4. They have the ability to work on a multidisciplinary team.
  5. They have developed problem-solving skills and have the ability to use engineering judgment necessary to solve real-life engineering problems.
  6. They have an understanding of their professional and ethical responsibilities.
  7. They have the ability to communicate effectively.
  8. They are exposed to a broad education that enables them to understand the impact of engineering solutions in a global and social context.
  9. They are prepared for life-long learning by establishing a process of critical and creative thinking.
  10. They are prepared for a role in society that goes beyond being engineering professionals.
  11. They have the ability to use the techniques, skills and modern engineering tools necessary for the practice of engineering.
  12. They have an awareness of the need for continuous professional development.
Enrollment and Graduation Data - Fall 2018
  BS Engineering Science (EAC ABET)

Enrollment

Fall 2018

211

Graduated

2016

33

Graduated

2017

41

Graduated

2018

25

 

Engineering Science Specializations

The engineering science program offers two specializations (tracks) usually taken in the senior year for students to explore and prepare for particular areas of engineering and to prepare for graduate work in a specialized field.

For a full list of courses available, see the Undergraduate Catalog

Mechanical Engineering

The courses in Mechanical Engineering specialization allow the engineering science students to become proficient in the design, testing and evaluation of mechanical, energy, and environmental systems. These systems are found in transportation, automobiles, aircraft, marine vessels, and spacecrafts, and in manufacturing, including numerically controlled machine tools, automated assembly lines, and robotics. Energy systems studied are found in power plants, turbomachinery, nuclear plants, automobile engines, turbojets, and rockets. Students interested in environmental engineering work together with graduate students in environmental science studying water pollution, air pollution, risk analysis, and modeling and optimization of environmental systems. In the capstone Engineering Design course given in the last semester of the four year sequence students formulate, solve, and properly document the solution of a well engineered real-world mechanical engineering project.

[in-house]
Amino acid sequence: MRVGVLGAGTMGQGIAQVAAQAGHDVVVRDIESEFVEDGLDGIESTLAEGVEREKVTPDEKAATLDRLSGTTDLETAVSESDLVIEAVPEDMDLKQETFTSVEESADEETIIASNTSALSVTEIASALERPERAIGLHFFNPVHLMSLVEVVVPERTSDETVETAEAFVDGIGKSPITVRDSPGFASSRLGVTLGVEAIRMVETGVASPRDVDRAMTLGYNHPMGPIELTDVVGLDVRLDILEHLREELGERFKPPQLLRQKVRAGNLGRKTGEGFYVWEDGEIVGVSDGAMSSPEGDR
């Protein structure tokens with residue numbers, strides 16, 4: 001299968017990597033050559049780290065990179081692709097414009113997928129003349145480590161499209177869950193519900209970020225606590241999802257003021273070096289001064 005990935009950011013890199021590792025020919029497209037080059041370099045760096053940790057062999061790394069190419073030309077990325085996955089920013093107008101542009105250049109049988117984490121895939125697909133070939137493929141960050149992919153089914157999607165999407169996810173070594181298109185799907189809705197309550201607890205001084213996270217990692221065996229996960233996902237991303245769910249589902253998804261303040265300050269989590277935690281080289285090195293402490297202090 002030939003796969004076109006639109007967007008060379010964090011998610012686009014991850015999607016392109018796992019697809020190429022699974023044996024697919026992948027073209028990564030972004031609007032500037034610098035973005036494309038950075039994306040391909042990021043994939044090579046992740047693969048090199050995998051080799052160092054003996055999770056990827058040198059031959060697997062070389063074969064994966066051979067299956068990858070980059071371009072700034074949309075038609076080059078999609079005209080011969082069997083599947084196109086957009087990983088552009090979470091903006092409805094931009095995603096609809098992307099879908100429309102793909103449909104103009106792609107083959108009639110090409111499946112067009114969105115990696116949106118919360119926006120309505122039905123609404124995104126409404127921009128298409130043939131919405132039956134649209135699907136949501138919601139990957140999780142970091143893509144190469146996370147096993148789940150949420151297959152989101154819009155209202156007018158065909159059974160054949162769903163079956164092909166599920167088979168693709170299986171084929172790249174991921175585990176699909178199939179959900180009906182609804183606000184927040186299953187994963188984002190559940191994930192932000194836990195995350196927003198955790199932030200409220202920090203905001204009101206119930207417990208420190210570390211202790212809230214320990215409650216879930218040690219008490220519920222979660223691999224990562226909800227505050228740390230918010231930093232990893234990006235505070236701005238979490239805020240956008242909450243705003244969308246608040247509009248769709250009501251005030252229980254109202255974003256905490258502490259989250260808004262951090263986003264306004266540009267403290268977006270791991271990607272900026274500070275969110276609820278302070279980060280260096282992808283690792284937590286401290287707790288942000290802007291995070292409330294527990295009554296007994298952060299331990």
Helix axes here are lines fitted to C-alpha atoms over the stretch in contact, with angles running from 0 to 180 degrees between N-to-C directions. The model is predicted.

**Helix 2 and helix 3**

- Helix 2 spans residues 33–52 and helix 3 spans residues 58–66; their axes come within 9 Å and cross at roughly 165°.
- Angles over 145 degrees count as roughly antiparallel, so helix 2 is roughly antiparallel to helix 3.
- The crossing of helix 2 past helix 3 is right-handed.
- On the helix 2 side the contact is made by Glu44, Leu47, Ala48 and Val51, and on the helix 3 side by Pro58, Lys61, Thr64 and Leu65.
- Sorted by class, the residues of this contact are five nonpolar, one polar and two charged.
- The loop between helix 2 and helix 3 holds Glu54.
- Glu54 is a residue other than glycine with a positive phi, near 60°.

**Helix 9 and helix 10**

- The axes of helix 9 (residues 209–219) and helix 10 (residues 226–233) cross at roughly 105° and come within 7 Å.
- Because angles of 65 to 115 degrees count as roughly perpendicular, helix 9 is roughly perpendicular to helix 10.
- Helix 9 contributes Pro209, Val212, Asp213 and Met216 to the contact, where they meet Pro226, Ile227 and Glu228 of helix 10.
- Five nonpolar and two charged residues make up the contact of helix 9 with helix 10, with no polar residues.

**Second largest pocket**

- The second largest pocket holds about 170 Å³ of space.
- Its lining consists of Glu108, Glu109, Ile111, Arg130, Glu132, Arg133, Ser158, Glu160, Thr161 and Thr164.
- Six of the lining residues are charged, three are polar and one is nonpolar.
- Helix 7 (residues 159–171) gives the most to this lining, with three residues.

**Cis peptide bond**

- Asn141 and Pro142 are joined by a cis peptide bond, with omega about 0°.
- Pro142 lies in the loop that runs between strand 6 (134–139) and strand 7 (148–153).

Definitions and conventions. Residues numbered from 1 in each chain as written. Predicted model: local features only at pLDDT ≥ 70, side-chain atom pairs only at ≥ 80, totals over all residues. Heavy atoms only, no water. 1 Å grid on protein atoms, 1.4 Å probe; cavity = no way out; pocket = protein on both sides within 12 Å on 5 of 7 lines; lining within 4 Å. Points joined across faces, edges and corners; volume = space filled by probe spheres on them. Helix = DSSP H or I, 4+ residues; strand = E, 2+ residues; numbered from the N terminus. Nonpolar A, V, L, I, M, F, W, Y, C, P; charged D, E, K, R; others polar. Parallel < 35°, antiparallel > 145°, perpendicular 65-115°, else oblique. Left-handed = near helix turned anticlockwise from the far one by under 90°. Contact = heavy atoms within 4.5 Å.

For complete ADA compliant 4 Year Plan, see 4 Year Sample Plan or alternative 4 Year Flowchart Plan

Computer Engineering

The courses in Computer Engineering specialization allow the engineering science students to become proficient in the design, testing and evaluation of computer systems. These systems include but are not limited to microprocessors, signal processors, networks, telecommunication systems, and telemedicine equipment. In the capstone Engineering Design course given in the last semester of the four year sequence students formulate, solve, and properly document the solution of a well engineered real-world computer engineering project.

For complete ADA compliant 4 Year Plan, see 4 Year Sample Plan or alternative 4 Year Flowchart Plan